A look at gadget happenings, as a start-up uses nanotechnology to charge a smartphone in 30 seconds, a digital agency builds a selfie-snapping mirror, NASA needs more power, and Sony issues a recall on the Vaio Fit 11A.
Nanodots power up in half a minute
Israeli nanotechnology start-up StoreDot has created a prototype smartphone charger that can complete a charge in less than a minute. The project comes from the nanotechnology department of Tel Aviv University where a team has been developing biological semiconductors called Nanodots, which are made from peptides (the building blocks that make up proteins).
These Nanodots are being used to create next-generation batteries and supercapacitors for smartphones, TV displays, bio-LEDs and bio-lasers.
Demonstrated at Microsoft’s Think Next conference in Tel Aviv, the current device can take a Samsung Galaxy S4 smartphone from 27pc battery power to fully charged in just 30 seconds, and the team is working on extending its compatibility with other smartphones.
The prototype device also needs to be trimmed down for portability as it’s currently the size of a laptop charger. There’s time to work out the kinks, though, with commercial production expected in late 2016.
Digital agency iStrategyLabs has taken the selfie to the next level with its Self Enhancing Live Feed Image Engine, or SELFIE. Behind this two-way mirror is a Mac Mini equipped with facial recognition software, plus a webcam.
When a willing Narcissus stands on a custom vinyl graphic on the floor in front of the mirror, the SELFIE system kicks into gear, identifying when the subject smiles for their snapshot and powering up some LEDs placed in the mirror for a countdown to the flash.
The no-hands, no-fuss ‘selfie’ is then posted to Twitter with a user’s or company’s watermark embedded in the image.
While this is just an experiment from iStrategyLabs that’s only available by special request, it would make those photo-a-day projects a doddle.
NASA needs more power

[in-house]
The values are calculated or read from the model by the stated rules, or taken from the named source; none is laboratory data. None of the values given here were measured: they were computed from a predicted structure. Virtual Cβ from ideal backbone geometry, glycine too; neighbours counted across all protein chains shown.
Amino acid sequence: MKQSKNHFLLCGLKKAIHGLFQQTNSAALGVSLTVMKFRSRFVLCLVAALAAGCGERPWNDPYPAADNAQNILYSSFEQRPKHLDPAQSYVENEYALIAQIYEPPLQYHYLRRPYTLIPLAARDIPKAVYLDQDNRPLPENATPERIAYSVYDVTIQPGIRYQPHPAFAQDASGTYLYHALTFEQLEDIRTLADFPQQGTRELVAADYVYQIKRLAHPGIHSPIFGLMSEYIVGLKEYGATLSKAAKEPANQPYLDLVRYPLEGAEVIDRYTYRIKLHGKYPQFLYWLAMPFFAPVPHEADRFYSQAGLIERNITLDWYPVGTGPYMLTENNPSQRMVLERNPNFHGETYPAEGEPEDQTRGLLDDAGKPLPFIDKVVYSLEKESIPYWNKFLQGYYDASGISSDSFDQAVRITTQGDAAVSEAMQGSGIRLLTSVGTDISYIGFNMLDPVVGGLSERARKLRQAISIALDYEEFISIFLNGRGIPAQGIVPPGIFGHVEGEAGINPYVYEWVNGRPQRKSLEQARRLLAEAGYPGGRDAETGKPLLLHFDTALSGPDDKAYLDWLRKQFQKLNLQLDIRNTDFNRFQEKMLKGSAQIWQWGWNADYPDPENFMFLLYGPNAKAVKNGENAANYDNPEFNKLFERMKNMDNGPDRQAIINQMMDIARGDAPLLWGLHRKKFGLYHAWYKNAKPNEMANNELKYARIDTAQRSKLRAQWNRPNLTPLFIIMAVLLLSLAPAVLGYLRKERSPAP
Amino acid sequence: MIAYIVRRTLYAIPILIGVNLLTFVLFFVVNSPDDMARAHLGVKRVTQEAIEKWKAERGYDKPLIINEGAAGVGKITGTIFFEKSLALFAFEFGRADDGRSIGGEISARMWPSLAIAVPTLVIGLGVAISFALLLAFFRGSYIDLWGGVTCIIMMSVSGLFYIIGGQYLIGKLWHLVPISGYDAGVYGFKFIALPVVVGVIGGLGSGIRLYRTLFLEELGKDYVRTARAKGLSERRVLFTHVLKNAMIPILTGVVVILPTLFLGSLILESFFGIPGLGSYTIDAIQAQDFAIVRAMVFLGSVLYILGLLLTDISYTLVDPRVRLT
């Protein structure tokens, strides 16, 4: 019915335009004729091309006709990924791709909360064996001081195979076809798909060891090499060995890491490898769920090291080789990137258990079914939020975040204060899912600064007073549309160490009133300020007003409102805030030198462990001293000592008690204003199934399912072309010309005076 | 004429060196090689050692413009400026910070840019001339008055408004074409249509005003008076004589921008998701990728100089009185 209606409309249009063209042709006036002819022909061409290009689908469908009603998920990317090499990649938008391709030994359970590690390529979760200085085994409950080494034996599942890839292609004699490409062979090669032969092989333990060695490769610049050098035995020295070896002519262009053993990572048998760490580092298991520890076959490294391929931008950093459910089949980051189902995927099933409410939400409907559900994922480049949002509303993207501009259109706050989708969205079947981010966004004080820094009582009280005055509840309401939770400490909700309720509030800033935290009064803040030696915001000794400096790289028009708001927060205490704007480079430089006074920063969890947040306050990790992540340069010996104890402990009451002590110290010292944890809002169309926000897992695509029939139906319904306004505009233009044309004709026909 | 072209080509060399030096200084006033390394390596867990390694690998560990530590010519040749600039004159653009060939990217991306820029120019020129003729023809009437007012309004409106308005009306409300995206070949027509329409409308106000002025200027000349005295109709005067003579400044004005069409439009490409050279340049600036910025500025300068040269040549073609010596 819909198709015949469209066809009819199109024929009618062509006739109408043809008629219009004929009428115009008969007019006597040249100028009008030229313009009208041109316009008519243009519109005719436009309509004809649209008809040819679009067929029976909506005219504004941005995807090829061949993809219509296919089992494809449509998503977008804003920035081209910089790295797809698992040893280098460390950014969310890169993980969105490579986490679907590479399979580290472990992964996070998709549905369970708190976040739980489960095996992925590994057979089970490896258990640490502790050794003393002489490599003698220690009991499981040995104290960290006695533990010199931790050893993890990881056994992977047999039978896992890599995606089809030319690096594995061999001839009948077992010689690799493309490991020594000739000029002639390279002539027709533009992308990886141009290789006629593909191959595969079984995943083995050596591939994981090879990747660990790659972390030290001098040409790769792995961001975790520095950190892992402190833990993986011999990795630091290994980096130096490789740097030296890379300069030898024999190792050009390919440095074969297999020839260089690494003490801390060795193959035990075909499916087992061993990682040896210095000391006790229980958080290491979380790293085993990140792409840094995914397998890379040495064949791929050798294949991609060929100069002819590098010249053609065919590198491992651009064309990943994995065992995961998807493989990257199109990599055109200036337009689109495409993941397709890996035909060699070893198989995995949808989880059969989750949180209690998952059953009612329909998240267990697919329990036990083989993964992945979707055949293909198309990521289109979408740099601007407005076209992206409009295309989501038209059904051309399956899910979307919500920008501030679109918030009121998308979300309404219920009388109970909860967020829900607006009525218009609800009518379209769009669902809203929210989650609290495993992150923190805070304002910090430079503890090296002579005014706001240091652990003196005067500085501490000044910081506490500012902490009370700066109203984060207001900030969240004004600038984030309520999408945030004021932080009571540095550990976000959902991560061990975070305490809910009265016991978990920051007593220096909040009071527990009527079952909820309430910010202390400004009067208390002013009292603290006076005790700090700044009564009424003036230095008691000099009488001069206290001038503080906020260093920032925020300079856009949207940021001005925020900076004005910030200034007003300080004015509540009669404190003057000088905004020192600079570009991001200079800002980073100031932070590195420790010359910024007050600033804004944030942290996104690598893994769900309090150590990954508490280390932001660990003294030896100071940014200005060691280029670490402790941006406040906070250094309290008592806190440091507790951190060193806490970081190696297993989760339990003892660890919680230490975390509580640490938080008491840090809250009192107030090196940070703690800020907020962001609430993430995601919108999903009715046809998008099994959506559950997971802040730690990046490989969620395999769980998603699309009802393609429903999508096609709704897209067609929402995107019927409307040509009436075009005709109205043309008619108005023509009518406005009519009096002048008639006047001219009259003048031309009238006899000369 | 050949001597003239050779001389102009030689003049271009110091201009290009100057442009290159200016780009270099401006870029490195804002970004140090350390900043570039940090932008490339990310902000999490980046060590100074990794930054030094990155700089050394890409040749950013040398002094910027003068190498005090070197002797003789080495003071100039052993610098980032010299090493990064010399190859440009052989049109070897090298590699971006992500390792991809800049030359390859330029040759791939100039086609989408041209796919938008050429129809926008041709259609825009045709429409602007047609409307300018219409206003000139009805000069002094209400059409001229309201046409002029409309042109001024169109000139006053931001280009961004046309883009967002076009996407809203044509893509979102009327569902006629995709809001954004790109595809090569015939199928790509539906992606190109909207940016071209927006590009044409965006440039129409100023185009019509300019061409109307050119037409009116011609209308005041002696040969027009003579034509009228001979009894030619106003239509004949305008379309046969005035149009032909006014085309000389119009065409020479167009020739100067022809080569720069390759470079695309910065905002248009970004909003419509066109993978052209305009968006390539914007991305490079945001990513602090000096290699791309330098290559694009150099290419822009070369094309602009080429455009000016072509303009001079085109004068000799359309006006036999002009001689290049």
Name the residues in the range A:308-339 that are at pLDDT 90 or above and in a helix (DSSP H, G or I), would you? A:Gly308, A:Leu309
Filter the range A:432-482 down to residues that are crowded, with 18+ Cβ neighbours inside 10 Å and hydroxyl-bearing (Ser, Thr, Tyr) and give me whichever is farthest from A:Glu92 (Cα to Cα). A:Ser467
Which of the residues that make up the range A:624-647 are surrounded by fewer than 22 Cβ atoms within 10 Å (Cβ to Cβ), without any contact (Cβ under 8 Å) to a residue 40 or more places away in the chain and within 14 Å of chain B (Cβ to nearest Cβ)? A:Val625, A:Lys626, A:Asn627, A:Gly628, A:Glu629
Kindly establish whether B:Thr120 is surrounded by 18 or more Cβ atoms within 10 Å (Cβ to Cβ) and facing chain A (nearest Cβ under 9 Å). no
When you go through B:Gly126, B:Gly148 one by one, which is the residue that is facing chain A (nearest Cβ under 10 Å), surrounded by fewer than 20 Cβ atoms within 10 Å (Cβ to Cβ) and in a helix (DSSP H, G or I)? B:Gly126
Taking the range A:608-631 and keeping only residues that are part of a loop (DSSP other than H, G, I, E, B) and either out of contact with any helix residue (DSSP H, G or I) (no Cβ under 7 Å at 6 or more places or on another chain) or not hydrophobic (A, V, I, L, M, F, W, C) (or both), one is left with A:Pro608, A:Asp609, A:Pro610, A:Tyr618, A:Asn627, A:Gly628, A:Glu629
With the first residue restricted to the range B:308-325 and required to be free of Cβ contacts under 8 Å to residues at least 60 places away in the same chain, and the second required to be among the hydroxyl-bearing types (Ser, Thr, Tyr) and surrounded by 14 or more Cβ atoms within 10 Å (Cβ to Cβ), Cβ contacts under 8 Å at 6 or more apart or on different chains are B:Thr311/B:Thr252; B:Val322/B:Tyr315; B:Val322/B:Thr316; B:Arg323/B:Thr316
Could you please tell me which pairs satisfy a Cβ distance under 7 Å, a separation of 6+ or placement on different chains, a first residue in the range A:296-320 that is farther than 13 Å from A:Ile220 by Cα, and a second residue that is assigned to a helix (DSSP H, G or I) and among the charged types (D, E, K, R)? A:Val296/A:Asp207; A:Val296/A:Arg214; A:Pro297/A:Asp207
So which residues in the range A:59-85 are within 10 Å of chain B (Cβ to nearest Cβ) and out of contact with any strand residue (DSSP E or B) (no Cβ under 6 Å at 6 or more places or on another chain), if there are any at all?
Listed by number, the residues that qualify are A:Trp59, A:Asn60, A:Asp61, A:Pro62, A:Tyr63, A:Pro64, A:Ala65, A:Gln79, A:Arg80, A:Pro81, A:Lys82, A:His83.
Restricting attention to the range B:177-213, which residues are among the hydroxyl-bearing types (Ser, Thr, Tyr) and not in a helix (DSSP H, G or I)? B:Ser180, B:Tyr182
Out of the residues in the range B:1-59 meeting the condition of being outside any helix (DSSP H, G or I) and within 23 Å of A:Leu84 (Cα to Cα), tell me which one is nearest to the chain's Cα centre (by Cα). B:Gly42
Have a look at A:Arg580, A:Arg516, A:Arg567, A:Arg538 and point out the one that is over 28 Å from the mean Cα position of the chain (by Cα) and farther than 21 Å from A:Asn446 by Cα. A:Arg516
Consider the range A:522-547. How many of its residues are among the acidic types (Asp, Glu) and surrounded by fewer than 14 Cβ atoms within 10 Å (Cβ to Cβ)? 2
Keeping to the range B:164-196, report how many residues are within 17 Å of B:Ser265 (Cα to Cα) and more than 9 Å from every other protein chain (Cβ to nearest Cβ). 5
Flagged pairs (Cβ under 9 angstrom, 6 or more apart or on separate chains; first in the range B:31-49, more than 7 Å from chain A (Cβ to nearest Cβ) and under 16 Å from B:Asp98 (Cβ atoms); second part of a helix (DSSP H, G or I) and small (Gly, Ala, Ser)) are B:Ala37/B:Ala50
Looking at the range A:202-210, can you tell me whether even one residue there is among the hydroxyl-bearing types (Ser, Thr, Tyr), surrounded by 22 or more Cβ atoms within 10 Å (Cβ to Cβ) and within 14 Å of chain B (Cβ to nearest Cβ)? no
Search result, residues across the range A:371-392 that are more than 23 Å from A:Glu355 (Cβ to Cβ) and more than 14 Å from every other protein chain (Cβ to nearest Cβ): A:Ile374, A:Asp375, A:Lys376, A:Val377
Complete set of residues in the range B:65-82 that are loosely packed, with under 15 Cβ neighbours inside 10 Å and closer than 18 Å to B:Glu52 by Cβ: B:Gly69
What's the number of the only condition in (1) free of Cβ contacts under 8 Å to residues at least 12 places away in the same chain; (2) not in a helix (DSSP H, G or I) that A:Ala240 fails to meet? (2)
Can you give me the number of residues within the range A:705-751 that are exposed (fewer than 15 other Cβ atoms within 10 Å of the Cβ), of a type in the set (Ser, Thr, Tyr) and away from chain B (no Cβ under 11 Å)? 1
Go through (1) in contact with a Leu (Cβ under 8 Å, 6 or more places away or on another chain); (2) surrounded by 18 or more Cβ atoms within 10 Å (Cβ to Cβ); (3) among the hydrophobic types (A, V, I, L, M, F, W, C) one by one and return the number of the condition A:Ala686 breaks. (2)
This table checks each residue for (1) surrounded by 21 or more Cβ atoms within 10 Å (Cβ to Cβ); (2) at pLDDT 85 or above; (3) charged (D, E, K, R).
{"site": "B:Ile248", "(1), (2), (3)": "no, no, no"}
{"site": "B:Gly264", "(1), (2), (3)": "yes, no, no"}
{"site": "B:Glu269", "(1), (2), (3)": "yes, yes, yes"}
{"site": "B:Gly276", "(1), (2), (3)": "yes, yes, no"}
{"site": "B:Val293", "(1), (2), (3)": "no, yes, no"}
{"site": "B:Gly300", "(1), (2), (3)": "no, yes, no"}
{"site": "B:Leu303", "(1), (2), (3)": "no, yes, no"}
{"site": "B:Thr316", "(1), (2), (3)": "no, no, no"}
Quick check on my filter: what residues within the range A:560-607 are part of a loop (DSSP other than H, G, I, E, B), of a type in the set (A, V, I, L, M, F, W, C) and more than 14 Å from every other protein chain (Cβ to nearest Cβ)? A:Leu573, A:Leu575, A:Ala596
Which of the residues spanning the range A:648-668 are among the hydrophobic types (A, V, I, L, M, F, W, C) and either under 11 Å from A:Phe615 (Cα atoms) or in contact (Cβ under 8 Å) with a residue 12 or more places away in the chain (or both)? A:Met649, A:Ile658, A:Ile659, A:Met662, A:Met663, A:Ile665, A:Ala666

NASA is seeking proposals for the development of advanced energy storage technologies that can go beyond the limits of lithium batteries while maintaining the life-cycle and safety characteristics needed for use in space.
An open call has been issued for proposals which will assist the American space programme and US government agencies such as the Department of Energy’s Advanced Research Projects Agency (ARPA-E) through ongoing collaboration with NASA and industry.
This comes as part of NASA’s Space Technology Mission Directorate, which will spend the next 18 months investing in developing solutions for high-priority challenges to achieving safe and affordable deep-space exploration – one of which is advanced energy storage.
Four awards are to be made for Phase I proposals, ranging in value up to US$250,000 each.
Sony Vaio Fit 11A warning
If you’re using a Sony Vaio Fit 11A laptop, stop doing so as soon as possible. It has been discovered that some of these units are housing faulty batteries made by Panasonic that can overheat and even catch fire.
According to a report in The Wall Street Journal, three reports have been received from users in Japan, Hong Kong and China who experienced incidents causing partial burns in March and April this year.
The Vaio Fit 11A is the last laptop from the Sony laptop series following the Japanese firm’s decision to sell its PC business to an investment fund.
Sales of the laptop stopped earlier this month and the near-26,000 units sold worldwide (7,000 of which were sold in Europe) have been recalled. Affected computers are being identified by serial number and a programme to repair or replace them will be implemented soon.
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